What is Adult Learning Theory?
Adult learning theory studies how adults learn and how it's different from how children learn. This field of study is also known as andragogy.
The term was introduced by Alexander Keep in 1833 and popularized by Malcolm Knowles in 1968. That's why it's sometimes known as Knowles' Adult Learning Theory.
What Are Knowles' Adult Learning Principles?
Knowles laid out several assumptions for how adults learn, and each of these adult learning principles has a corresponding technique.
The first principle or assumption is that adults learn best when involved in the planning and evaluation phases. You need to explain why certain things are being taught, and the learning experience should be more of a conversation than a lecture. You should also ask for feedback after the learning is complete to improve the experience for future students.
In a computer-based training environment, an adult learning technique that corresponds to this first principle is making courses searchable and self-enrolling so learners can direct their learning.
The second adult learning principle is that experience, including mistakes, is integral. As a result, one of the most critical adult learning techniques is to use the occasion to reinforce learning or even introduce new concepts. This could be as big as an internship or job shadowing or as small as in-course exercises.
The third assumption is that adults are most interested in learning when it has immediate relevance to their job or impact on their personal life. One of the reasons that the previous principle, experience, is so integral is that it helps them connect the dots on relevance. Short of that, it means that explaining why you're teaching what you're teaching is a vital adult learning technique.
The final of Knowles' adult learning principles is that problem-centered learning is more effective than content-centered learning. This means curriculum and assessments should be task-oriented and full of learning activities that help them earn knowledge for themselves.
Other Models of Adult Learning
Andragogy is only one model of learning for adults.
Other prominent adult learning theories include transformational learning, experiential learning, project-based learning, and constructivism.
However, you'll see that many common threads from andragogy appear in the other models of adult learning.
Transformational Learning Theory
According to this adult learning theory, transformational learning doesn't just involve acquiring knowledge. A particular type of learning will help you transform your existing frame of reference and see the world differently.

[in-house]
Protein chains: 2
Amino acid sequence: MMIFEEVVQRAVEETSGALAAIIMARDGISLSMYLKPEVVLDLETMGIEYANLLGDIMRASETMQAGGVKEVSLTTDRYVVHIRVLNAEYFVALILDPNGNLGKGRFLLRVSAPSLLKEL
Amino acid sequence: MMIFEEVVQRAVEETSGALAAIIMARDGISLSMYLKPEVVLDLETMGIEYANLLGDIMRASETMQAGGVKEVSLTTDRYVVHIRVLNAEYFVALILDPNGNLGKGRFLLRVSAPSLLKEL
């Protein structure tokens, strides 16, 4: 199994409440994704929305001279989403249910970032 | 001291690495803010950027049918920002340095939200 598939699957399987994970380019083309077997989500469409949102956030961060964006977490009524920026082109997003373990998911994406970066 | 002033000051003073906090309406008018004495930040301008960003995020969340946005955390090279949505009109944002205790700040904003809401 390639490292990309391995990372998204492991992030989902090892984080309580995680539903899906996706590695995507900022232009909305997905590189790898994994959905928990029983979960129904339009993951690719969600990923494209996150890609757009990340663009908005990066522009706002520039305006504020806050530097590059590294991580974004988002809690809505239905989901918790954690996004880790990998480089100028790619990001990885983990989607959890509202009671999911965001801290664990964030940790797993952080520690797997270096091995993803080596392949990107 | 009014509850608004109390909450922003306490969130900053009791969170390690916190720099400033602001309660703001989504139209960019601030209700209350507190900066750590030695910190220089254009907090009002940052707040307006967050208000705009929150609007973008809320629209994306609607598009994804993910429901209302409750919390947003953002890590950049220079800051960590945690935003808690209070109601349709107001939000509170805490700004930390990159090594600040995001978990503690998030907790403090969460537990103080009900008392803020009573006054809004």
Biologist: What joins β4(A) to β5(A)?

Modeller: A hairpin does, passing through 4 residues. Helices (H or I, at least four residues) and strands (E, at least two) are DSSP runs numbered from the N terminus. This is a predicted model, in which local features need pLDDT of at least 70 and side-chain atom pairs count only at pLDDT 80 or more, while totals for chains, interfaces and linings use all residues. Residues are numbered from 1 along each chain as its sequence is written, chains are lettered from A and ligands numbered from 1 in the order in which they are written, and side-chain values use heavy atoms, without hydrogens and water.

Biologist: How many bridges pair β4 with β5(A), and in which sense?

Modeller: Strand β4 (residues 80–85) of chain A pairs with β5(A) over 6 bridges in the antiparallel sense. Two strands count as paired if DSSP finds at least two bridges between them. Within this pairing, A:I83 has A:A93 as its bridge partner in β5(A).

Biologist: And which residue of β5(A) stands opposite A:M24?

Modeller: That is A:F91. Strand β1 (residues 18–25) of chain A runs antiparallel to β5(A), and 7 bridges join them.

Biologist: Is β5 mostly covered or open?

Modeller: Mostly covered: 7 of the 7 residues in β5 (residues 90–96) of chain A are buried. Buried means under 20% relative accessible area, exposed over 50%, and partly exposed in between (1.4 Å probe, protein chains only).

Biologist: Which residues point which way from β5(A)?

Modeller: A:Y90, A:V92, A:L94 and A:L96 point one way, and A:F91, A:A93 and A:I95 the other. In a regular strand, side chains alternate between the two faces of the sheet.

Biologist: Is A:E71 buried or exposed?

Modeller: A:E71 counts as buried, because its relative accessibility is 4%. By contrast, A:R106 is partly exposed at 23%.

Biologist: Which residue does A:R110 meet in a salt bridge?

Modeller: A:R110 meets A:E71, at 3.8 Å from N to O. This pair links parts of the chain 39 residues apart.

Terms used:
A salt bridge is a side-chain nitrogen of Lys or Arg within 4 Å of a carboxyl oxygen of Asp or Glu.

Learning transformations begin with a trigger – a problem or dilemma that makes us realize our existing knowledge is flawed or inadequate. The transformational learning process involves problem-solving and critical self-reflection as your frame of reference is rebuilt.
Experiential Learning Theory
This adult learning theory suggests that our attempt to make sense of what we've experienced is a fundamental part of learning for adults.
It also says that experiential learning is a cycle of four stages.
First, you help them gain concrete experience through real-life action or simulations that reveal cause-and-effect relationships.
Then, adult learners must reflect on their experiences where they "observe" and analyze what they went through (called Reflective Observation).
The next stage is Abstract Conceptualization, where learners use their critical thinking skills to generalize the relevance of what they've gone through.
Finally, there should be a stage of Active Experimentation, where adults can apply what they've learned in slightly different circumstances and form different concrete experiences. From there, the cycle begins all over again.
Project-based learning involves acquiring more profound knowledge through active exploration of real-world problems. It's a form of education by doing. It's similar to experiential learning, but project-based learning is focused on accomplishing a specific goal while you learn rather than "doing to learn."
Constructivism is an adult learning theory that says the instructor doesn't give the learner knowledge. Instead, the instructor helps learners create their knowledge through assimilation and accommodation.
In other words, as an adult learner, you combine new information with your existing experiences and beliefs to construct new meaning. Instructors are fewer teachers than guides that actively help learners through this process.
Adult Learning Made Easy
It's important to understand adult learning theory and the various adult learning models if your goal is to develop your curriculum.
But the biggest challenge of adult learning is that we never have enough time or money. That's as true for an organization hoping to promote education as it is for the individual trying to learn.
Investing in a custom curriculum is expensive for an organization, whether you're building an L&D department from the ground up or purchasing the required skills from a third party. Either way, the subject matter expertise and working knowledge of adult learning techniques don't come cheap.
Promoting continual learning within your organization doesn't require reinventing the wheel. Instead, you can make use of training experts like us. We have over 20 years of experience in online training in regulatory compliance and professional development. Our course catalog spans topics like OSHA to food safety to real estate.
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